Archive for August, 2010

Crazy, For Loving You

Crocus tommasinianus

Image via Wikipedia

Yes, I am crazy, crazy that is over tommies.      

We are on a first name basis, crocus tommasinianus and I, tommies are the most gorgeous (I think) of the crocus bulbs.      

Crocus tommasinianus are (supposed) to be one of the most squirrel proof crocus, and with the squirrel mafia that hangs out at Kilbourne Grove, I need that.      

This past spring Gail, posted the most amazing picture on her blog. Millions of crocus tommasinianus in flower in a wooded area near her house.      

I fell in love.      

But I could not find any supplier of crocus tommasinanus in Canada, and my dream just slowly faded away.      

But a month ago, Gail once again posted the picture and awakened my lust all over again. She was going to buy (and plant) not 50, not 100, not 500, but 1,000 crocus tommasinianus.      

Ooooh, I wanted them too!      

So I sent out a few emails too a couple of Canadian suppliers. Could they get me them as a special order? One of them came through. I now have 1,000 crocus  on order.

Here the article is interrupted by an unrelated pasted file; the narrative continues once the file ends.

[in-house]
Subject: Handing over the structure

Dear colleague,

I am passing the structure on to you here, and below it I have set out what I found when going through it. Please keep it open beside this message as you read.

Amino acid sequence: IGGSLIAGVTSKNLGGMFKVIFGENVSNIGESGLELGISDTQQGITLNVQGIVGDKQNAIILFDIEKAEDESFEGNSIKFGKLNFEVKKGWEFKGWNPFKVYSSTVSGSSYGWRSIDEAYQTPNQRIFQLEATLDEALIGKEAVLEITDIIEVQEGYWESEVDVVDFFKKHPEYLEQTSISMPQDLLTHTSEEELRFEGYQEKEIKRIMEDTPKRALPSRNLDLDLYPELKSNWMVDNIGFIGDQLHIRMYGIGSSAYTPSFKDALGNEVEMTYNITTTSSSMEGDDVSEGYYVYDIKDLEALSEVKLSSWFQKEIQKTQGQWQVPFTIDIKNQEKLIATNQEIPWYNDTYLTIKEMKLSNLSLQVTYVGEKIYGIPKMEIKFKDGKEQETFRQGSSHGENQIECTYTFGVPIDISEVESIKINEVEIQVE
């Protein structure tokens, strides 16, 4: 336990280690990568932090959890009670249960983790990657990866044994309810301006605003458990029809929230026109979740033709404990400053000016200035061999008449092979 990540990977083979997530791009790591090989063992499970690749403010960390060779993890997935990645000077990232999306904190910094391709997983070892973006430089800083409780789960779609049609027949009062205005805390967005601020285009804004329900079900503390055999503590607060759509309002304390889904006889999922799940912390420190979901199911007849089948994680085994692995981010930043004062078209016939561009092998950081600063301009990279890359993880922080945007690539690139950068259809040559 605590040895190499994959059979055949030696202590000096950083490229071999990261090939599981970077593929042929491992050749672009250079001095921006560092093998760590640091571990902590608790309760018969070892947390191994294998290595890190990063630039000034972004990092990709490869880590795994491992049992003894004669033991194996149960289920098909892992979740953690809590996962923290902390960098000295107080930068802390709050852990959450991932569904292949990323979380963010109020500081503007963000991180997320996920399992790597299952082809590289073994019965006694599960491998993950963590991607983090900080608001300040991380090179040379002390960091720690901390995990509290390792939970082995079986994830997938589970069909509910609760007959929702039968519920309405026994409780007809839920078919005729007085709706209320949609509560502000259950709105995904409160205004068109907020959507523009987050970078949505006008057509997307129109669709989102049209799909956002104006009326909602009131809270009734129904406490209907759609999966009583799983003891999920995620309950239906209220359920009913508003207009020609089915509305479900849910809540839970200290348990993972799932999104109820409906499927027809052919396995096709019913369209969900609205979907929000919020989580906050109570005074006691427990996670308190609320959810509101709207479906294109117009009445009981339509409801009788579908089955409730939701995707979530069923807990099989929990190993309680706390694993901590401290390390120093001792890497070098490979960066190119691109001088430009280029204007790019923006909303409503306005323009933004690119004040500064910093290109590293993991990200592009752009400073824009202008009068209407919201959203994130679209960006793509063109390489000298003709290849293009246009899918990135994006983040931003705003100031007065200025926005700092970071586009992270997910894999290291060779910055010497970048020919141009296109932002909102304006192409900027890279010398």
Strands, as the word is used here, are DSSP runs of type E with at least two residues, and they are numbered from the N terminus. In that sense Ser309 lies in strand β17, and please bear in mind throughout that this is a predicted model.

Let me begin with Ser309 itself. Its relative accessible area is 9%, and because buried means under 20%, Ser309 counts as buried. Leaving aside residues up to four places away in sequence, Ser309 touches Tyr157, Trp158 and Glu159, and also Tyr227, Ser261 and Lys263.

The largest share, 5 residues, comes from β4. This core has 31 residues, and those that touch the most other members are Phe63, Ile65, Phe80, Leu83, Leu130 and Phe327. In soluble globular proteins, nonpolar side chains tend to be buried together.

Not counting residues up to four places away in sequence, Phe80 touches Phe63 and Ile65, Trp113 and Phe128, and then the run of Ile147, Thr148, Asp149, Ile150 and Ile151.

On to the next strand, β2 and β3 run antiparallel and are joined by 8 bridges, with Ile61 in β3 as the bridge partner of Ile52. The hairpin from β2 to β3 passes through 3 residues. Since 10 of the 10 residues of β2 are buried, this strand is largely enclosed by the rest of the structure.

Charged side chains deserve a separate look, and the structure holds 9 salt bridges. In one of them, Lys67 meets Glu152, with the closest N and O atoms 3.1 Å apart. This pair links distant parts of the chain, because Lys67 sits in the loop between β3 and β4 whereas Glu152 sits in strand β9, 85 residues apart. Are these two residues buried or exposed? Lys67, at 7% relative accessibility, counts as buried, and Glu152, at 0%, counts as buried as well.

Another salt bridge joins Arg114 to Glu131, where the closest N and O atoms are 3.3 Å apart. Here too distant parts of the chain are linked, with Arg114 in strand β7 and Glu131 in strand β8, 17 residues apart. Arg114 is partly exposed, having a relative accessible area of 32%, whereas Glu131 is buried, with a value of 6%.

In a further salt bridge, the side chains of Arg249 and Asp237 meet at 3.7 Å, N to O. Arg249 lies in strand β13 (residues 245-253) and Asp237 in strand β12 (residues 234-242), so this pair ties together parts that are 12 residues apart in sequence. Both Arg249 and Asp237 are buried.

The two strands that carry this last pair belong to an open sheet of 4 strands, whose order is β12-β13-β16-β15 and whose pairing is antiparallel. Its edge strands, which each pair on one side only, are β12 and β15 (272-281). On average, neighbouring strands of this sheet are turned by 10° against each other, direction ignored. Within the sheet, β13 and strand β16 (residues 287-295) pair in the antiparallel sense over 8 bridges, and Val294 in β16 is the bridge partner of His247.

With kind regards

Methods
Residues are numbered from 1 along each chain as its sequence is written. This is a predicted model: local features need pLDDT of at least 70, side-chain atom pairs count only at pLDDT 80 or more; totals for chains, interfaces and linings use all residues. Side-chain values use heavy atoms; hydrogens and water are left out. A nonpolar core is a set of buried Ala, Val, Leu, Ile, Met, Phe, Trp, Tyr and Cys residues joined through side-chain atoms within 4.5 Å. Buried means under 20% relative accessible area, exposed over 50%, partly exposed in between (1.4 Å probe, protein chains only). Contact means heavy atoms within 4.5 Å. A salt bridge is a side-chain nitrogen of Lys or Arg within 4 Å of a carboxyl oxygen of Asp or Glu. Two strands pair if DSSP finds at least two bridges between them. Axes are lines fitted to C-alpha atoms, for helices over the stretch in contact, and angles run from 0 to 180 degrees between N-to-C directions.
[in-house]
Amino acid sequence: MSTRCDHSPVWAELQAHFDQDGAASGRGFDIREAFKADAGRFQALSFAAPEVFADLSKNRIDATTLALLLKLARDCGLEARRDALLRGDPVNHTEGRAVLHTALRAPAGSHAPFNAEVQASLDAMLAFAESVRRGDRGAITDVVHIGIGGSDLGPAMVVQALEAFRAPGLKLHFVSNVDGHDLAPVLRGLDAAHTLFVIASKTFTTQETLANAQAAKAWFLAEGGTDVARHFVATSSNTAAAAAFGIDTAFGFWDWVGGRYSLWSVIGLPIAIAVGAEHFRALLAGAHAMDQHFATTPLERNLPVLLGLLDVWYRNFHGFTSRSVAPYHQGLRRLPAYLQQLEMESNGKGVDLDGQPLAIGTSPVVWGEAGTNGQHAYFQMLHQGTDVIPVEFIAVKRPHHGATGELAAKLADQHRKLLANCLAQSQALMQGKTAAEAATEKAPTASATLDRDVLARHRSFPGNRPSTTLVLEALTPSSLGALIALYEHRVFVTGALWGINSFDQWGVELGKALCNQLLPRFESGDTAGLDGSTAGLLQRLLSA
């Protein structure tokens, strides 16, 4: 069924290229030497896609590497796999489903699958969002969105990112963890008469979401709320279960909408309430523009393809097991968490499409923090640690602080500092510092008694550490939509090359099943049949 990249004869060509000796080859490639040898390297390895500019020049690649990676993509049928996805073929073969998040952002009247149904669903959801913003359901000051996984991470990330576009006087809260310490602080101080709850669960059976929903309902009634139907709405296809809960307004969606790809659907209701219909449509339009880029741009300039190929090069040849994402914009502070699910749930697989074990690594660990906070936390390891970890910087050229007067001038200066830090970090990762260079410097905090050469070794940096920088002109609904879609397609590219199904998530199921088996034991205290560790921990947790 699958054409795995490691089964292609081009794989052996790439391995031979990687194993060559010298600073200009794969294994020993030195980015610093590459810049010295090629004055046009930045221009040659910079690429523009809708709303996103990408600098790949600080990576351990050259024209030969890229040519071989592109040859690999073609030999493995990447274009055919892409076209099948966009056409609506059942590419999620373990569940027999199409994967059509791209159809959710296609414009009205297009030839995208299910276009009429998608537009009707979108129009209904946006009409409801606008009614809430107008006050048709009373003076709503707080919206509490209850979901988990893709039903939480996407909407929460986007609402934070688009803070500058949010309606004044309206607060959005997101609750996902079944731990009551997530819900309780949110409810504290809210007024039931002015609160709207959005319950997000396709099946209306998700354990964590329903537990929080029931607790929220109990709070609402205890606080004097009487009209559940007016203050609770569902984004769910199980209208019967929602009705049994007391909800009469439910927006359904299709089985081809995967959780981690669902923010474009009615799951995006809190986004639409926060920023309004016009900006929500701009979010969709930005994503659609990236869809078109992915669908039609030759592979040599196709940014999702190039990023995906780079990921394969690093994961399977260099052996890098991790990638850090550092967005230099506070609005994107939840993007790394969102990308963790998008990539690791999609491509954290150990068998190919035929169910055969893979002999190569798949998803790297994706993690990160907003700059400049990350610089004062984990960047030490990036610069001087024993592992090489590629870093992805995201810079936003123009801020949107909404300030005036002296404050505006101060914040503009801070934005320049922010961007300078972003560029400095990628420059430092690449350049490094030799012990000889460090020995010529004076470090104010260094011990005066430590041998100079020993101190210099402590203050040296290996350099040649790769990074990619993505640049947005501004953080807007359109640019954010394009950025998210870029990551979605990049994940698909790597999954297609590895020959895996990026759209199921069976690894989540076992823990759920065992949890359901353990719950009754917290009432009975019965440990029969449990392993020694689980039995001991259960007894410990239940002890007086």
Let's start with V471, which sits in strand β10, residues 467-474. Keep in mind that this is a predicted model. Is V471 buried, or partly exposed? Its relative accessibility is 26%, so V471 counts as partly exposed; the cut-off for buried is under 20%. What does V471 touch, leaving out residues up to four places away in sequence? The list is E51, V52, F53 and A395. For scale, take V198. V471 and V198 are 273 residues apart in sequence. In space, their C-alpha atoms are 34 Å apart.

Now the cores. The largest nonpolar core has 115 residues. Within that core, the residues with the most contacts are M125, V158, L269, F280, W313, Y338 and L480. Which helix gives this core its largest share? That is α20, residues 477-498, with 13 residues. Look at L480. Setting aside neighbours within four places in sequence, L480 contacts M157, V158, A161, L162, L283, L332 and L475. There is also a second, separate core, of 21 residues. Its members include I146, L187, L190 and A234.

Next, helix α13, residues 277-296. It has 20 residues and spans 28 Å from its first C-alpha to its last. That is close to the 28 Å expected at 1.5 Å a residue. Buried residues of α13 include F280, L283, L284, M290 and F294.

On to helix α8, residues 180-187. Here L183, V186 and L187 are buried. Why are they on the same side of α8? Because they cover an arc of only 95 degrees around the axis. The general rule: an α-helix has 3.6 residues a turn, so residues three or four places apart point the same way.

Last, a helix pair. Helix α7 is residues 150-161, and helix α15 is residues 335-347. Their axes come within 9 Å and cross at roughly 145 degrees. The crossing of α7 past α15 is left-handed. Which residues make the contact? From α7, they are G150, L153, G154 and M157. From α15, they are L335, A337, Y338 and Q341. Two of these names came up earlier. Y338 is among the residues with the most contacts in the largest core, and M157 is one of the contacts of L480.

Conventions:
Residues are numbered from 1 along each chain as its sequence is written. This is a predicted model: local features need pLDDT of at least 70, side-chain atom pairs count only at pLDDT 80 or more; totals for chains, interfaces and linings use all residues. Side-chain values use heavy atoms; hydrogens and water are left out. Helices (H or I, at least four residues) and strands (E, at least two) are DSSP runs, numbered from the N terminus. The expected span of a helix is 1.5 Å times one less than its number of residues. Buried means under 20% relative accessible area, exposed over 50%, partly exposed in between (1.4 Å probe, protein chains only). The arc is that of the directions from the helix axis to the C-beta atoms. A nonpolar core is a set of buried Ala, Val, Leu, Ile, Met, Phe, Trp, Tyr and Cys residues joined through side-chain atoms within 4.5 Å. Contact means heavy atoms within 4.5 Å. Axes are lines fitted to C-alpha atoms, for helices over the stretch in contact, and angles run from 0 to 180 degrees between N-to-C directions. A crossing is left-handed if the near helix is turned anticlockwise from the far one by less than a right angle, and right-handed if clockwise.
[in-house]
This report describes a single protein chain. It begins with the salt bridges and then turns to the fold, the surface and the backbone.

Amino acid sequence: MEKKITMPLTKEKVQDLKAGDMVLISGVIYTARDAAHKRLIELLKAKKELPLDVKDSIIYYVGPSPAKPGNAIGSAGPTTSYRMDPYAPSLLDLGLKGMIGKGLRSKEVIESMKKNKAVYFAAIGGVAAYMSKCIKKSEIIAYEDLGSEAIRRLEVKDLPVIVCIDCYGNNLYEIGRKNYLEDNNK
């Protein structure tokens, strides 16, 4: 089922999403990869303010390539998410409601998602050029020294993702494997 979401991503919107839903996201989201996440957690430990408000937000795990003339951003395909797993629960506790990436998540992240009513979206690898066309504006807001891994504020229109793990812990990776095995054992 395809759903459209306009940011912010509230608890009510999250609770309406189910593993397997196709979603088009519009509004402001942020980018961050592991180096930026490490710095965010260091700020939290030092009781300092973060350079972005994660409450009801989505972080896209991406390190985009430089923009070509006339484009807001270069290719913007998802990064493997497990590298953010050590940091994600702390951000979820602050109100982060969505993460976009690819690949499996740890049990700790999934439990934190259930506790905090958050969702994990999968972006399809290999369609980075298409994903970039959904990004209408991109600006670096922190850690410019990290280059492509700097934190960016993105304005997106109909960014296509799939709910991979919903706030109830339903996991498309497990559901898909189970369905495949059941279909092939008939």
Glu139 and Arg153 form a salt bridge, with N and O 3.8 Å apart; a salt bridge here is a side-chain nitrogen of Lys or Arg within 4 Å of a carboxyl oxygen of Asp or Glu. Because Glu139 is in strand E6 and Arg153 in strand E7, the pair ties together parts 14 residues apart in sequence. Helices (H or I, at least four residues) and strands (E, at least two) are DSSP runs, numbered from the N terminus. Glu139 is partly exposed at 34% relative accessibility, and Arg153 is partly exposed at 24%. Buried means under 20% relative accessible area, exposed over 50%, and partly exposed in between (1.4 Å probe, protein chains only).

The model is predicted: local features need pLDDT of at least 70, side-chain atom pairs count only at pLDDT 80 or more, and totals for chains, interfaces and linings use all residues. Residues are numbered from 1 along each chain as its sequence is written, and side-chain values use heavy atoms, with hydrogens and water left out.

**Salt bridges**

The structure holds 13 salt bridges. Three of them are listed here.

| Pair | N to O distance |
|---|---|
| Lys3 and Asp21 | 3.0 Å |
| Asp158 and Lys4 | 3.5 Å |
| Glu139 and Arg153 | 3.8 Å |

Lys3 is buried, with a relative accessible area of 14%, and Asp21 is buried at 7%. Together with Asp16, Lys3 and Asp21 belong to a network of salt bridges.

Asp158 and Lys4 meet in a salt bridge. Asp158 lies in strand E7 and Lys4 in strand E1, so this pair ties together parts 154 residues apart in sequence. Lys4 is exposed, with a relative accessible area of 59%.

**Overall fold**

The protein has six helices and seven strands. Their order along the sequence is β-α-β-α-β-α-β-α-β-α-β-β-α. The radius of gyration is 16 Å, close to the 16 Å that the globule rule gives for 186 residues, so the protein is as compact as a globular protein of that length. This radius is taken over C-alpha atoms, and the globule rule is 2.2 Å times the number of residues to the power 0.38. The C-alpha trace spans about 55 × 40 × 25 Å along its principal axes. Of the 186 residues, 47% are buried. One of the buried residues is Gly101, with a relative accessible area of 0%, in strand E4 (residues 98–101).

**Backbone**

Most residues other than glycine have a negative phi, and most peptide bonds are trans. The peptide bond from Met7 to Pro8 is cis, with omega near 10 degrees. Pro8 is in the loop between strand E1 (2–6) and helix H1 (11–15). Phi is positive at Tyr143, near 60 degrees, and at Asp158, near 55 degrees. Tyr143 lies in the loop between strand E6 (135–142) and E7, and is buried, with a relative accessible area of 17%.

Stay tuned!      


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Garlic Fe(a)st

Yummy, yummy, yummy, I love garlic. I love it in all ways, raw, sautéed but I especially love it roasted. I am getting hungry just thinking about it.

I do not grow a lot of different vegetables and herbs, my garden is quite shady, but I do grow garlic every year. It is so easy, that I feel slightly guilty even writing about it.  In September, I just push a clove of garlic in, point side up, in rows about 6 inches apart with the cloves 6 inches apart as well.  Thats it, that is all I do.

In the spring they start growing, and growing.  I do cut the scapes off when they start straightening up, they are quite curly at first.  The first year I grew the garlic, I didn’t cut them off, I wanted to see what they looked like.  They were nice, looked like a chive flower, but larger. 
What a mistake, they went to seed, and I had/have a million little garlic seedlings growing in my Kitchen Garden. Never again.

In August, when the 3 or 4 sets of the lower leaves start browning, I dig them up, shake most of the soil off them and lay them out to dry.